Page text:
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# Vortex Lattice Method arrangement for a wing. The different panels along with the bound vortices and control points can be observed [30]

Source publication

Due to the significance that propeller propulsion holds in the current aviation market, owing to the cost and other advantages that it provides, it was considered important to continue research in field of propeller propulsion. And, as the propeller slipstream significantly affects the aircraft's aerodynamic behavior, it was considered necessary to...

## Contexts in source publication

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... first enters the geometrical points to model the wing, tailplane, flaps, rudder, ailerons and elevators. Then, according to the choice of the user, each lifting surface is divided into a specific number of panels that make up the lattice. Each of these panels has bound and trailing vortices, which form the horseshoe vortex, and control points. Fig. 4 shows the Vortex Lattice Method arrangement for a wing as used in Tornado. We can see from Fig. 4 that the wing is divided into a specific number of panels and each panel has its set of bound and trailing vortices, and a control point. The bound vortex and the trailing vortices of every panel induce a downwash velocity at control ...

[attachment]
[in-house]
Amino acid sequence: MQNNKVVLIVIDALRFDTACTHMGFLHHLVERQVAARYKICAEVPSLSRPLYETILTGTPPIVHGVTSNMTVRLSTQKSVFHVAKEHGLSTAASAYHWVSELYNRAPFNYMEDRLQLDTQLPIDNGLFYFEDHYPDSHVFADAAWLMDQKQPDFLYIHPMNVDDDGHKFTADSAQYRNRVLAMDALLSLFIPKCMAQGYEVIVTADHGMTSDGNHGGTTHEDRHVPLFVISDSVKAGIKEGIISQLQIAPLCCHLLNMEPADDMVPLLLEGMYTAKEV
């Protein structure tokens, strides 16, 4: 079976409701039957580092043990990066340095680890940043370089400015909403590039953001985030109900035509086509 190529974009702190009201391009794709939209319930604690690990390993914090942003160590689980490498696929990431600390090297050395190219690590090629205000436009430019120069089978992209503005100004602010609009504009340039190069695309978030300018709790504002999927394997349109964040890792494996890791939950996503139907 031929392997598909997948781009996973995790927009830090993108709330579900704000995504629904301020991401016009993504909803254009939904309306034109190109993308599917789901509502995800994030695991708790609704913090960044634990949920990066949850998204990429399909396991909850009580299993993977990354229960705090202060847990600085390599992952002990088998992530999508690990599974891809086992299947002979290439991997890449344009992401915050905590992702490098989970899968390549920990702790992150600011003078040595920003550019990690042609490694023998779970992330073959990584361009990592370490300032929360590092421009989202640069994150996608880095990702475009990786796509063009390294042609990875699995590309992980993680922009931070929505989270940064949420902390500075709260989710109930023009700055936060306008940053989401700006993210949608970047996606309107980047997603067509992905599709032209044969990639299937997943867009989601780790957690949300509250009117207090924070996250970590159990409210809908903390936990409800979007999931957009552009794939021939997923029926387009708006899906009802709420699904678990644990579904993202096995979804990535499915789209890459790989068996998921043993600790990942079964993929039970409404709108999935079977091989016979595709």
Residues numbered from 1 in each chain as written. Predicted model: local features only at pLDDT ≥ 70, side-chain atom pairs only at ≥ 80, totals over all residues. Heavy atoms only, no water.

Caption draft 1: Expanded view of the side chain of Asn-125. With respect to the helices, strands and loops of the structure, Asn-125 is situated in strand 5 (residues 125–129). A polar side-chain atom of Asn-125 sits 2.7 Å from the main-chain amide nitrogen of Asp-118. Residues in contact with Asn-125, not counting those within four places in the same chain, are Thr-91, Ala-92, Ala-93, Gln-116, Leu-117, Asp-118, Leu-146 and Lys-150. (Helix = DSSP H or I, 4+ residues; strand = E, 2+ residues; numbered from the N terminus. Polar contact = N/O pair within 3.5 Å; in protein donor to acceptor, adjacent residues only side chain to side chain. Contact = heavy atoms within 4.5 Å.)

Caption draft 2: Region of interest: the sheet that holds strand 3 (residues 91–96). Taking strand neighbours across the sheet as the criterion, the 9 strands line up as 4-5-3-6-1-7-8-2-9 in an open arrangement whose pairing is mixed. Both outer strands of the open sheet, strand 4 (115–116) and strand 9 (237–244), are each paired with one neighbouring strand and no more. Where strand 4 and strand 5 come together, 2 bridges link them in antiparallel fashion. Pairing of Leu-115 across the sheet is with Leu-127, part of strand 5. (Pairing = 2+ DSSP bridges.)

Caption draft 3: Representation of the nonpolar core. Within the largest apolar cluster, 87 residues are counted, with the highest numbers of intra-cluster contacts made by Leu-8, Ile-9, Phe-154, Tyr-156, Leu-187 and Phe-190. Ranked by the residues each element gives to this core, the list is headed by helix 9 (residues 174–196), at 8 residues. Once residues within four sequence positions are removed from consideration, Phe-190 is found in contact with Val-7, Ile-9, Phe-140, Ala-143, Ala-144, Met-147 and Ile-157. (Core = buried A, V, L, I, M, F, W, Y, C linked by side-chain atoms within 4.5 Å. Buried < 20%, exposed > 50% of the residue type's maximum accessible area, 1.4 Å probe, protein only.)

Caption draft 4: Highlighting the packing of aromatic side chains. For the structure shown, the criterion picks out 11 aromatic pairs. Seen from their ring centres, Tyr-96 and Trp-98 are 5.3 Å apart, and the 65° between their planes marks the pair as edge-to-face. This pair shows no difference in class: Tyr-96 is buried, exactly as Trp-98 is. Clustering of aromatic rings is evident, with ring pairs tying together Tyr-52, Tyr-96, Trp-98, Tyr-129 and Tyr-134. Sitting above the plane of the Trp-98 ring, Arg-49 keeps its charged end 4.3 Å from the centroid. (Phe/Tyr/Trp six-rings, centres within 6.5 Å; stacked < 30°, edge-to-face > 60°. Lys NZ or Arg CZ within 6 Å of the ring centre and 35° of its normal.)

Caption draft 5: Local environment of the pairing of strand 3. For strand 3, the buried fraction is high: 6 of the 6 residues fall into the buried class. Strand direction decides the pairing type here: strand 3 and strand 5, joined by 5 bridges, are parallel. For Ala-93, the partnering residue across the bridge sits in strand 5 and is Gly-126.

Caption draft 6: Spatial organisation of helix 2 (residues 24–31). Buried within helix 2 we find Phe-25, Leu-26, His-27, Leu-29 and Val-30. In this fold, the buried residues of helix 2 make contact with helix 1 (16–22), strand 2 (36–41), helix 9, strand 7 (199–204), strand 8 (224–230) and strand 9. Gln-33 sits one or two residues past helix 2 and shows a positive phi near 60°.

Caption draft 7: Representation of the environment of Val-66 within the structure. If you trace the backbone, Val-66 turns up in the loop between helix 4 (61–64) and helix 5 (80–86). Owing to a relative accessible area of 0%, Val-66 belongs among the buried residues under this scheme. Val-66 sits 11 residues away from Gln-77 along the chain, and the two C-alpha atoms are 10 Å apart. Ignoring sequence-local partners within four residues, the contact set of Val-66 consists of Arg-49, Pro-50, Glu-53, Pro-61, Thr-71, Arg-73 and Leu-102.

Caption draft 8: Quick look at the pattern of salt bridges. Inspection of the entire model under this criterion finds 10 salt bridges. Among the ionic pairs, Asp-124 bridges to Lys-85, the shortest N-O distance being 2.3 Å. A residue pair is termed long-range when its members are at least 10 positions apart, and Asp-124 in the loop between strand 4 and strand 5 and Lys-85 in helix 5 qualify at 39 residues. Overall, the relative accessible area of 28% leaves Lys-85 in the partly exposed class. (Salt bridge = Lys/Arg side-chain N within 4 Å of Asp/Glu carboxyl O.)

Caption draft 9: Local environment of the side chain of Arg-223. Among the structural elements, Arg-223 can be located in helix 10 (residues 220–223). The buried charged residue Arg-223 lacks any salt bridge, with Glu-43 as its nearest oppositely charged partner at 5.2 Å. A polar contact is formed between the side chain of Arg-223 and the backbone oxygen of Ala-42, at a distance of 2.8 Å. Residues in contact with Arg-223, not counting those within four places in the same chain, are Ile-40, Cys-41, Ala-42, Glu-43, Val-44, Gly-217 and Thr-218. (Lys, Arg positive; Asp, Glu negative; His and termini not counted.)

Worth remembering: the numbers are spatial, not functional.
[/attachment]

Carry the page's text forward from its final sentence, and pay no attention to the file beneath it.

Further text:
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... Then, according to the choice of the user, each lifting surface is divided into a specific number of panels that make up the lattice. Each of these panels has bound and trailing vortices, which form the horseshoe vortex, and control points. Fig. 4 shows the Vortex Lattice Method arrangement for a wing as used in Tornado. We can see from Fig. 4 that the wing is divided into a specific number of panels and each panel has its set of bound and trailing vortices, and a control point. The bound vortex and the trailing vortices of every panel induce a downwash velocity at control points of all the panels. Once the downwash velocity due to the all the bound and trailing vortices ...